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Scand J Infect Dis. 2000;32(3):263-9.

Neurological complications of varicella-zoster virus infection in adults with human immunodeficiency virus infection.

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1
Department of Internal Medicine, CHU Cochin-AP.HP, Université Paris, France.

Abstract

This multicentre retrospective study describes the clinical features and prognostic significance of Varicella-zoster virus (VZV)-associated neurological complications. The study was performed in patients with human immunodeficiency virus (HIV) infection, hospitalized for VZV neurological complications, confirmed in every case by positive VZV polymerase chain reaction (PCR) in cerebrospinal fluid (CSF). Between 1990 and 1995, 34 HIV-infected patients were included in the study. At diagnosis, 59% had AIDS, with a median CD4 count of 11 x 10(9)/l. A past history of zoster was noted in 35% of cases. A concomitant herpes zoster rash and/or acute retinal necrosis were noted in 71% and 12% of patients, respectively. The predominant neurological manifestations were encephalitis (13), myelitis (8), radiculitis (7) and meningitis (6). The mean CSF white blood cell count was 126/mm3 and the mean CSF protein concentration was 2.3 g/l. Interferon-alpha level was increased in 36% of patients. VZV was isolated from CSF cultures in 2/6 cases. Magnetic resonance imaging was abnormal, demonstrating encephalitis lesions. After intravenous antiviral therapy, complete recovery was obtained in 18 cases (53%), serious sequelae were observed in 10 cases (29%) and 6 patients died (18%). Severe symptoms and a low CD4 cell count appeared to be associated with death or sequelae. In conclusion, VZV should be considered as a possible cause of encephalitis, myelitis, radiculitis or meningitis in HIV-infected patients, especially in patients with a history of or concomitant herpes zoster or acute retinal necrosis. VZV-PCR in the CSF may allow rapid diagnosis and early specific antiviral treatment.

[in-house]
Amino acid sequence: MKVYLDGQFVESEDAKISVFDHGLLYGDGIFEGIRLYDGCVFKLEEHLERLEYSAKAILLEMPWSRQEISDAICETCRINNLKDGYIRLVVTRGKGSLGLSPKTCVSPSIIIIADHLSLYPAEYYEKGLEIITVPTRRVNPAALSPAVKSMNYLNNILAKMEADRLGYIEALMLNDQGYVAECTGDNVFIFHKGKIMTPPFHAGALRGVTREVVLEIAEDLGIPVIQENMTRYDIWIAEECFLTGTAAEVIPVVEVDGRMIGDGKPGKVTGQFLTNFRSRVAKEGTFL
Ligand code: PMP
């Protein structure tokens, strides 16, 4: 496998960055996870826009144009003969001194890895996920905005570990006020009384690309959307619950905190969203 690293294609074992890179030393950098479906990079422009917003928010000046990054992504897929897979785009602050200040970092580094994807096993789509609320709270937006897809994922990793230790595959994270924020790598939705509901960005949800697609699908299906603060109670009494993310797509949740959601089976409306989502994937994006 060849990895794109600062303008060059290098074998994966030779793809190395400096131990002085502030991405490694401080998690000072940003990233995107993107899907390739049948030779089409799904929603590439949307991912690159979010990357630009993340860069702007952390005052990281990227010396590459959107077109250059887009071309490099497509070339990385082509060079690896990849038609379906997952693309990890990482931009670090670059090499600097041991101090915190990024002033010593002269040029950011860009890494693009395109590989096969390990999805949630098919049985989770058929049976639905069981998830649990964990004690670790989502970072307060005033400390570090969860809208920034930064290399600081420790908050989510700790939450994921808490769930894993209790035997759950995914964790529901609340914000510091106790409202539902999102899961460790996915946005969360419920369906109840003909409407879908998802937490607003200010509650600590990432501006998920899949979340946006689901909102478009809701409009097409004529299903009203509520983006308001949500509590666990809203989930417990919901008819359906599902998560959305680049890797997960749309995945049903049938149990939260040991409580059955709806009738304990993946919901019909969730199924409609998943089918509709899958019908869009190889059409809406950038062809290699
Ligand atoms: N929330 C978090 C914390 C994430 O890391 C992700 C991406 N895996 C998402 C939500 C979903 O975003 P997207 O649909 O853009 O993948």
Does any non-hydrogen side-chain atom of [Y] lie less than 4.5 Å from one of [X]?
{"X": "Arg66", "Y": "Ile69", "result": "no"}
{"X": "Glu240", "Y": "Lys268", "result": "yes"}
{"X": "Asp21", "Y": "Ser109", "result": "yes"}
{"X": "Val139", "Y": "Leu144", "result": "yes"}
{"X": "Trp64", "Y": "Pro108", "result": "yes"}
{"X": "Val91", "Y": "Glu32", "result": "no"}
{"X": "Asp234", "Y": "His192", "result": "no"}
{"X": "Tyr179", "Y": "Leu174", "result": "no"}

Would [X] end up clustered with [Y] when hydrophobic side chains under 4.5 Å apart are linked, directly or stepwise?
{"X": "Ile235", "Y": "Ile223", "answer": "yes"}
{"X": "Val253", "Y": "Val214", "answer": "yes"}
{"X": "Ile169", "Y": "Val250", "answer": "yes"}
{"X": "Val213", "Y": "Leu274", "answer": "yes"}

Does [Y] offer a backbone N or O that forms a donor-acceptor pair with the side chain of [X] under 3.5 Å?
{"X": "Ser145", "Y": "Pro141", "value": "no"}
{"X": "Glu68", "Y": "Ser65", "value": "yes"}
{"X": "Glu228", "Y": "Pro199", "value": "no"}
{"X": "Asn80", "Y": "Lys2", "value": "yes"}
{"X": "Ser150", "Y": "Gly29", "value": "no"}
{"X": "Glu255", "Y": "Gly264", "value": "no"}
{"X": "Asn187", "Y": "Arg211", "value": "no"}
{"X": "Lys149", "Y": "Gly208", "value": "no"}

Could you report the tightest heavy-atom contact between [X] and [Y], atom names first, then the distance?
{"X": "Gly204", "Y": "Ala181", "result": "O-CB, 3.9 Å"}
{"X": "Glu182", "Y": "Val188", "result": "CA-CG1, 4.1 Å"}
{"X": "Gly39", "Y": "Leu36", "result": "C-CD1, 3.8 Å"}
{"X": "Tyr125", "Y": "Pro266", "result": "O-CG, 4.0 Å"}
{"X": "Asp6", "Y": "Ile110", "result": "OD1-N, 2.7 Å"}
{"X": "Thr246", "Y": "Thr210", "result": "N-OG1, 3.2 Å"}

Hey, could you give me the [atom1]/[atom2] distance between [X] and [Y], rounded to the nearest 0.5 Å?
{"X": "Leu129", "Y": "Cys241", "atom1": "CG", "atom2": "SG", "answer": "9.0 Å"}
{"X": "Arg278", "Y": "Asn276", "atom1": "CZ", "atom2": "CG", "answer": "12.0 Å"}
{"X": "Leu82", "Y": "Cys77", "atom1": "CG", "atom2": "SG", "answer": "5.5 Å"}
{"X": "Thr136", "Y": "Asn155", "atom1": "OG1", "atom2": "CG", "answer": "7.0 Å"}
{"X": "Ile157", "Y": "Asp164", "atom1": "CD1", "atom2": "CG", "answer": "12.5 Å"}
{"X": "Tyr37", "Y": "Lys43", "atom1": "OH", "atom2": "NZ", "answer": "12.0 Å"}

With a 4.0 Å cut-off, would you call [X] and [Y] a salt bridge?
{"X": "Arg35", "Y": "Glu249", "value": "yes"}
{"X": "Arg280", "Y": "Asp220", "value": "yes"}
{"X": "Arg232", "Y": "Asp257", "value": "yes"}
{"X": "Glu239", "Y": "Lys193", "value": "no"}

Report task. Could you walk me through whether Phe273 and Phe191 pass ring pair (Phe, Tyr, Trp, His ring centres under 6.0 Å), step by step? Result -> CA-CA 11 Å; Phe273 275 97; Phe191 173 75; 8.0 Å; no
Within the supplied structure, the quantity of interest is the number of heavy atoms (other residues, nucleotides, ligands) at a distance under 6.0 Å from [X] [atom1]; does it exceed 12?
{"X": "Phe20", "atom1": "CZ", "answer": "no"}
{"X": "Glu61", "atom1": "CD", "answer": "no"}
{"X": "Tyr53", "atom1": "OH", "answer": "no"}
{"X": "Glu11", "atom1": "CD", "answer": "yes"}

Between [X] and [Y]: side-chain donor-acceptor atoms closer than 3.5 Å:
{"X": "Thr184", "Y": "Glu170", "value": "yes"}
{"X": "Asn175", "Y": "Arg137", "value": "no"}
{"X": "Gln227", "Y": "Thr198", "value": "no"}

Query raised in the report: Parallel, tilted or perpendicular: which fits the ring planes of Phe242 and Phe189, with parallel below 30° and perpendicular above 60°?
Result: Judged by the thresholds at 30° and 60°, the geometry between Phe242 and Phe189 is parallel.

PMID:
10879596
[Indexed for MEDLINE]
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